Release types

Last updated on
11 October 2016

What are alpha and beta releases, and release candidates?

Before every official "x.0" stable release of a new major version of Drupal core, there are usually a handful of alpha releases, beta releases and release candidates that are made available. These releases are not yet stable enough for production use, but are essential milestones on the way towards the official release. They allow a much wider pool of users to test the latest code and provide feedback before the official stable release. These releases should only be downloaded and used by developers very familiar with Drupal or those wishing to help find bugs in the software.

The guidelines below are for Drupal core. Some maintainers of contributed modules and themes might choose to provide alpha or beta releases or release candidates of their projects (though this is not required). You should read the release notes carefully in these cases, since the details might vary across projects, though the basics explained here should hold (an "alpha" is less stable than a "beta", which is less stable than an "RC", etc).

Alpha releases

These are the first to come out, and are therefore the least stable. Most reported errors are resolved but there are most likely still outstanding known issues, which might include security issues.

Beta releases

Beta releases are usually only created once:

  • All critical data loss and security bugs are resolved
  • The APIs are frozen enough so that contributed module and theme authors can start upgrading their projects.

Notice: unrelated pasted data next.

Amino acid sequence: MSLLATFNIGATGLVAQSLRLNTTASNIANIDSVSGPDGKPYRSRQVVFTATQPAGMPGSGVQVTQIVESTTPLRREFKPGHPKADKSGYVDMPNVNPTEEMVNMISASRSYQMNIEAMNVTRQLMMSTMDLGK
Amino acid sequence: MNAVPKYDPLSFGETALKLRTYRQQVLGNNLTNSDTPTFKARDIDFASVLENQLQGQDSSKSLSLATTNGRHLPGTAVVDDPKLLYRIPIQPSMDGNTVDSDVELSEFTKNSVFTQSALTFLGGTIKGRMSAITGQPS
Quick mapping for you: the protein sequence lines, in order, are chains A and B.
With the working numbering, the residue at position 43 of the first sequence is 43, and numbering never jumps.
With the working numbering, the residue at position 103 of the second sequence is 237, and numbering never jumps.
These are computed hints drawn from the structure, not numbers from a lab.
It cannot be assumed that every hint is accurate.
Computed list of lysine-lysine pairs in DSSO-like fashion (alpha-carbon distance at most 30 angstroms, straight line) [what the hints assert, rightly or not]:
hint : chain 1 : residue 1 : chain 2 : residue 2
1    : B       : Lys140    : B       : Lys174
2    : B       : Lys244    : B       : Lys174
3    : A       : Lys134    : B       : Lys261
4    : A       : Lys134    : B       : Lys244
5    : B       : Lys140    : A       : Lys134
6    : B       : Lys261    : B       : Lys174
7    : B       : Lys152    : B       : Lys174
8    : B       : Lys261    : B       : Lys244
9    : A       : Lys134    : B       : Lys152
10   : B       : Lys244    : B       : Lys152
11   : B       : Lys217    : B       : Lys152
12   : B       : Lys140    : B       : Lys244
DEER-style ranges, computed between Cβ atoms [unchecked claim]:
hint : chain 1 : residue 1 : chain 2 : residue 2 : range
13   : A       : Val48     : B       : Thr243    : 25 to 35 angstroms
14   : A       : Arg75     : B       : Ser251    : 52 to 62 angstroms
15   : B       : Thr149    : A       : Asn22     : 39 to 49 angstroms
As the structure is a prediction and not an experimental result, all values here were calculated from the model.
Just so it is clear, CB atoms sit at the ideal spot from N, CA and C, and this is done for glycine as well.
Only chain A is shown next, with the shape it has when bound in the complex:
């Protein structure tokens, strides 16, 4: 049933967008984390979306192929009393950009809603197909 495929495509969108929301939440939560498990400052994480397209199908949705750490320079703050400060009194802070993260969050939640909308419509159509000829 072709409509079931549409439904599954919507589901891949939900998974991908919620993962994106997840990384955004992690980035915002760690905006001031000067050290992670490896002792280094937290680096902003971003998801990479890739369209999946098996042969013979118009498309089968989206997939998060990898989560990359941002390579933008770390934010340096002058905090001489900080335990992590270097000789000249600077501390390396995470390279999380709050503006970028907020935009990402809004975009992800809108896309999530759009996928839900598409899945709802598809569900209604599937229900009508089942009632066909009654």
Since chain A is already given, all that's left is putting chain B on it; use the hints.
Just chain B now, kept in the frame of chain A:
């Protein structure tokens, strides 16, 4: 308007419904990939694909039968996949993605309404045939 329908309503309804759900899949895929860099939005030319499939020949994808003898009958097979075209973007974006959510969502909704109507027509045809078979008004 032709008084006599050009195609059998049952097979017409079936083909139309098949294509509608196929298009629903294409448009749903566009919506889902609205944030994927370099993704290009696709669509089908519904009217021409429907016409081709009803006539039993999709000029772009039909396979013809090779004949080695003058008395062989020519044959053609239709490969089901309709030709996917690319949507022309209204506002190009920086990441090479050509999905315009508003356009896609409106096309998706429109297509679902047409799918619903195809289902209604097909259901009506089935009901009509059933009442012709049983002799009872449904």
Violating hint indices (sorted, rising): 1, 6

• Most of the problems with the upgrade path are fixed and it's possible to successfully upgrade a copy of the Drupal.org database to the new Drupal version.

During the period of beta releases, usability features are still considered, the translatable strings (help texts, words in the interface, etc) might be altered, and if absolutely necessary, the API or database schema could change (to fix a critical bug). Of course, other kinds of bug fixes are always applied.

Release candidates

Release candidates are usually only created once no more critical bugs have been reported in a given beta release. These are considered nearly stable code, something the Drupal development community is considering as a candidate to be released as the official .0 version. No more usability changes are made, and the translatable strings are usually unchanged at this point.

Once a feature freeze is announced, no new features will be added to that version of Drupal. That version of Drupal's feature set is locked and any new features or change of behavior will need to go into the next release version.

This doc is cross referenced with Release naming conventions.

Release stable version

The "Release stable version" of a project is simply that project branch.

Tags are used for creating stable releases. To create a tag for using with the Git Drupal Repository, first, ensure that you're following the tag naming convention if you're using this tag for making a release. From inside the directory of the project, an example is:


git tag 7.x-1.0 

Once the tag is created, you need to push the tag up to the master repository. By itself, push doesn't send the tags up, you also need to tell it to include the tags in the push by appending the --tags flag:


git push --tags 

If you don't want to push all your tags, you can also be specific:
Example:


git push origin tag 7.x-1.0 

For more information follow this link:-
Creating a branch or tag in Git